According to Riggs, more than 2,000 hours that had been budgeted for the Agricultural Department has been spent in Animal Services. This has compromised agricultural programs and is endangering employee retention, he said, noting that these are professionals with science degrees and licenses and are recruited by counties statewide.
“We handle many important tasks such as testing over 1,000 commercial weighing and measuring devices registered in Del Norte County, conducting pesticide use enforcement, weed management, excluding new pests from the county, providing pest control to residents, ag inspections, nursery inspections and issuing certificates allowing our lily bulb growers to ship,” Riggs said. “We have a dedicated team of staff who are skilled in these activities. We’re in danger of losing them and they can’t be easily replaced.”
For the reorganization of Animal Services to succeed it needs to be given the resources needed to stand on its own, Riggs said. Both he and Pratt said Measure R is necessary toward the continued operation of the Animal Services Division.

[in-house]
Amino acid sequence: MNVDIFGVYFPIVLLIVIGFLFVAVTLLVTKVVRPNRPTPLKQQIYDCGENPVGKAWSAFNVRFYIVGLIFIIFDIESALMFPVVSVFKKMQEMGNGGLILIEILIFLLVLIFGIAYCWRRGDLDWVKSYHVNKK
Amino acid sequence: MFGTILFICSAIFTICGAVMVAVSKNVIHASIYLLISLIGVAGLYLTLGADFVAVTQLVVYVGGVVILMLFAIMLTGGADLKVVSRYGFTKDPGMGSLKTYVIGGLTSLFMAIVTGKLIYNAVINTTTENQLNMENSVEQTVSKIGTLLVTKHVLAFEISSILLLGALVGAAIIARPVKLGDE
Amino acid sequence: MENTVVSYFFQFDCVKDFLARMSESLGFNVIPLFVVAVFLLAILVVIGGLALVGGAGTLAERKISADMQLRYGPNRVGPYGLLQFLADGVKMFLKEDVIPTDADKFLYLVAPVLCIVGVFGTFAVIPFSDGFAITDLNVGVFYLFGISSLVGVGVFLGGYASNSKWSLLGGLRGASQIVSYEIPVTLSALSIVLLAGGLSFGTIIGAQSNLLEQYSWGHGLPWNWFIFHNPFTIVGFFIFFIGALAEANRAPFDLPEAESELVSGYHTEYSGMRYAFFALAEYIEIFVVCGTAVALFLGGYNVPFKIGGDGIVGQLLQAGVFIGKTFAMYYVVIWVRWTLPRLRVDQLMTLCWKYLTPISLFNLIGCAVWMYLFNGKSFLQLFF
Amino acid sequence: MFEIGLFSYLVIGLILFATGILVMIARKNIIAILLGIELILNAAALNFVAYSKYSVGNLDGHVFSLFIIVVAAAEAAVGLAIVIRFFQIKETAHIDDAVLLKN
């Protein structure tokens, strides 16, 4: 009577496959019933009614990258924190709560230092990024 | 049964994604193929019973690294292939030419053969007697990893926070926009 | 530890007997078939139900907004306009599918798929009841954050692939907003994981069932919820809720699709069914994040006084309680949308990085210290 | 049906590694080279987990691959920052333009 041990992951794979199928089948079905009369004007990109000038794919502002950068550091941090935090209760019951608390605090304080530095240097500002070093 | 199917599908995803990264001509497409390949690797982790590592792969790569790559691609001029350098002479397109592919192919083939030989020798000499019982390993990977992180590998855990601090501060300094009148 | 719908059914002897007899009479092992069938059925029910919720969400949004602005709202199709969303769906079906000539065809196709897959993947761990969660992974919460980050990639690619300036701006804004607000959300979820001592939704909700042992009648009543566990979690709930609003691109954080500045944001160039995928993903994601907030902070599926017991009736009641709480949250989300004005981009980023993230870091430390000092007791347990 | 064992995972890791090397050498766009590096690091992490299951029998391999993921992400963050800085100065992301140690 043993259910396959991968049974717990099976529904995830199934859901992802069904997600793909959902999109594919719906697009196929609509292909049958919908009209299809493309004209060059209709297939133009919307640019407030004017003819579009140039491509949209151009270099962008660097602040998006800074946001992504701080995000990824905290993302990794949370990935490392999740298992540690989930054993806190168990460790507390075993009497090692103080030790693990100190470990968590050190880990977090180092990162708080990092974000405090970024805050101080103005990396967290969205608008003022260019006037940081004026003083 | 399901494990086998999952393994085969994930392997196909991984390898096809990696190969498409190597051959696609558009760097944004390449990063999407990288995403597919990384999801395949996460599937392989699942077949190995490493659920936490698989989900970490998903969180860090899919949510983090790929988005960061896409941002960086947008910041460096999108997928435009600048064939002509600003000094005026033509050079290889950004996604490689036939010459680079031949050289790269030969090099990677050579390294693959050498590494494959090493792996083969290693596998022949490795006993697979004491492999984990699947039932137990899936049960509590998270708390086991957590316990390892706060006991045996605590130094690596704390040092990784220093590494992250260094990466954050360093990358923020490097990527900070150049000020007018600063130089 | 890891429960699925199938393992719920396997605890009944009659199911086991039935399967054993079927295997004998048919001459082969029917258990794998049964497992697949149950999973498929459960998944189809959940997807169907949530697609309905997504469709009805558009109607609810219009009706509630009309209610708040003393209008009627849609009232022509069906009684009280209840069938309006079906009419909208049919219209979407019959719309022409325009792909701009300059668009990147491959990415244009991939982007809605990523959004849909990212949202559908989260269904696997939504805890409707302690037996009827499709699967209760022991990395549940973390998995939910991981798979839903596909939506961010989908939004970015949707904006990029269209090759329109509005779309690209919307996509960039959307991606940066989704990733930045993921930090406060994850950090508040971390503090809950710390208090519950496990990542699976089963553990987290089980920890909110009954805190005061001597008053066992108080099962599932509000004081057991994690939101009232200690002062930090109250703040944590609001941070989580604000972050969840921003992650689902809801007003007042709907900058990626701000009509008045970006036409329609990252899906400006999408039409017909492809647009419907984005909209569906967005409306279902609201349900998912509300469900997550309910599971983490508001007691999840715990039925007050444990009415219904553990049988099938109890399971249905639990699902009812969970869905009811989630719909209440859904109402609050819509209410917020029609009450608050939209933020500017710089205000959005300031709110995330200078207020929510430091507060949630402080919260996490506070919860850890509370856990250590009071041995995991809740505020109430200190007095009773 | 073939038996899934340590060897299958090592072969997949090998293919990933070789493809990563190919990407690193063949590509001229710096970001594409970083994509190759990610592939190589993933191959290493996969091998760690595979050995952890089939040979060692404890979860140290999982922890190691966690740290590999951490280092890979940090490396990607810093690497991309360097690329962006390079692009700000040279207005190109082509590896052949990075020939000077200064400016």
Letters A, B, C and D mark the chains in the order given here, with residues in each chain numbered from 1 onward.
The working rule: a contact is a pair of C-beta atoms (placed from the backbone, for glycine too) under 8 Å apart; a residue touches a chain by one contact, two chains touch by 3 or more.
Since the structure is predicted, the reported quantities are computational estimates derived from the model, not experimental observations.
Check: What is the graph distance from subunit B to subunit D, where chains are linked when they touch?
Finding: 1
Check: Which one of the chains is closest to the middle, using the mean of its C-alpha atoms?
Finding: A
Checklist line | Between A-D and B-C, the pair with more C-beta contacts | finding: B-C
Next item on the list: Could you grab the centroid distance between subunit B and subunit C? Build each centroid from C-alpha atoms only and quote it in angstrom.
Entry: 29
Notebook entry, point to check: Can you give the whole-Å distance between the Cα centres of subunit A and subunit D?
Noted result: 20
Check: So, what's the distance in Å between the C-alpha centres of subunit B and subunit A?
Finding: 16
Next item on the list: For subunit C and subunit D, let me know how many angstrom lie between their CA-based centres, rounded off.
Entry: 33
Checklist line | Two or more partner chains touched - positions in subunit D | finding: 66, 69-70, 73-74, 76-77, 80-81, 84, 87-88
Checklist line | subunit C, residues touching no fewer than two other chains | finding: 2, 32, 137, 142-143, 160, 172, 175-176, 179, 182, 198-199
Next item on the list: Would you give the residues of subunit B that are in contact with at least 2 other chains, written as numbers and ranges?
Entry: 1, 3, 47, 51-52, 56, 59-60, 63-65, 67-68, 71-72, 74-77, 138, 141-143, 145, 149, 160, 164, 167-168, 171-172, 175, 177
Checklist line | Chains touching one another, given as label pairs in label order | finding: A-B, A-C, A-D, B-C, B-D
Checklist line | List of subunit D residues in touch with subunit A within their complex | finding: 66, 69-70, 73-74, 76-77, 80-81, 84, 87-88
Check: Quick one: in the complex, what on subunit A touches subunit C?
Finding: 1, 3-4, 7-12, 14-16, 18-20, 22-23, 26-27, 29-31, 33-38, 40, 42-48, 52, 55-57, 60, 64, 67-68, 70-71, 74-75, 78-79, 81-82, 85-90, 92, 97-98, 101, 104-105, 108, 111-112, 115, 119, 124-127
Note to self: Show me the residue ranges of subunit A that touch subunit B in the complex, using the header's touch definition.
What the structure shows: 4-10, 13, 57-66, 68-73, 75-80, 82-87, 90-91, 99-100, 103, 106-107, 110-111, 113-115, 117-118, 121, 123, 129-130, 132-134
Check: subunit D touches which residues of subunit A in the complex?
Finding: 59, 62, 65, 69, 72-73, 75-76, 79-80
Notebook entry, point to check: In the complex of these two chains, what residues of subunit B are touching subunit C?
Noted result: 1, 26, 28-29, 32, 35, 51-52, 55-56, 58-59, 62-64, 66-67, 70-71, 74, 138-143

About $78,805 in Measure R funding went toward the creation of the animal services supervisor position and to increase salaries for the division’s animal control officers.
Tax measure dollars are also being used to upgrade the Del Norte County Animal Shelter, Riggs told the Measure R Oversight Committee in March.
These facility improvements are necessary, volunteer Janet Kasbohm told supervisors Tuesday.
“The building is old, the noise is deafening and there is no air filtration system so the stench in the morning is overpowering,” she said. “The pound runs essentially on the labor of dedicated volunteers. In the past seven months, volunteer hours have equalled the equivalent to four full-time positions. This year, our incoming contribution will be at least $300,000 — that’s a 10 percent match for a $3 million grant.”
Kasbohm said it’s the Humane Society of Del Norte and the Dogs of Del Norte that accomplishes government mandate that dogs up for adoption be spayed or neutered, raising and spending $10,000. She said an industrial washer and dryer and “functioning water spigots” would improve work efficiency as well.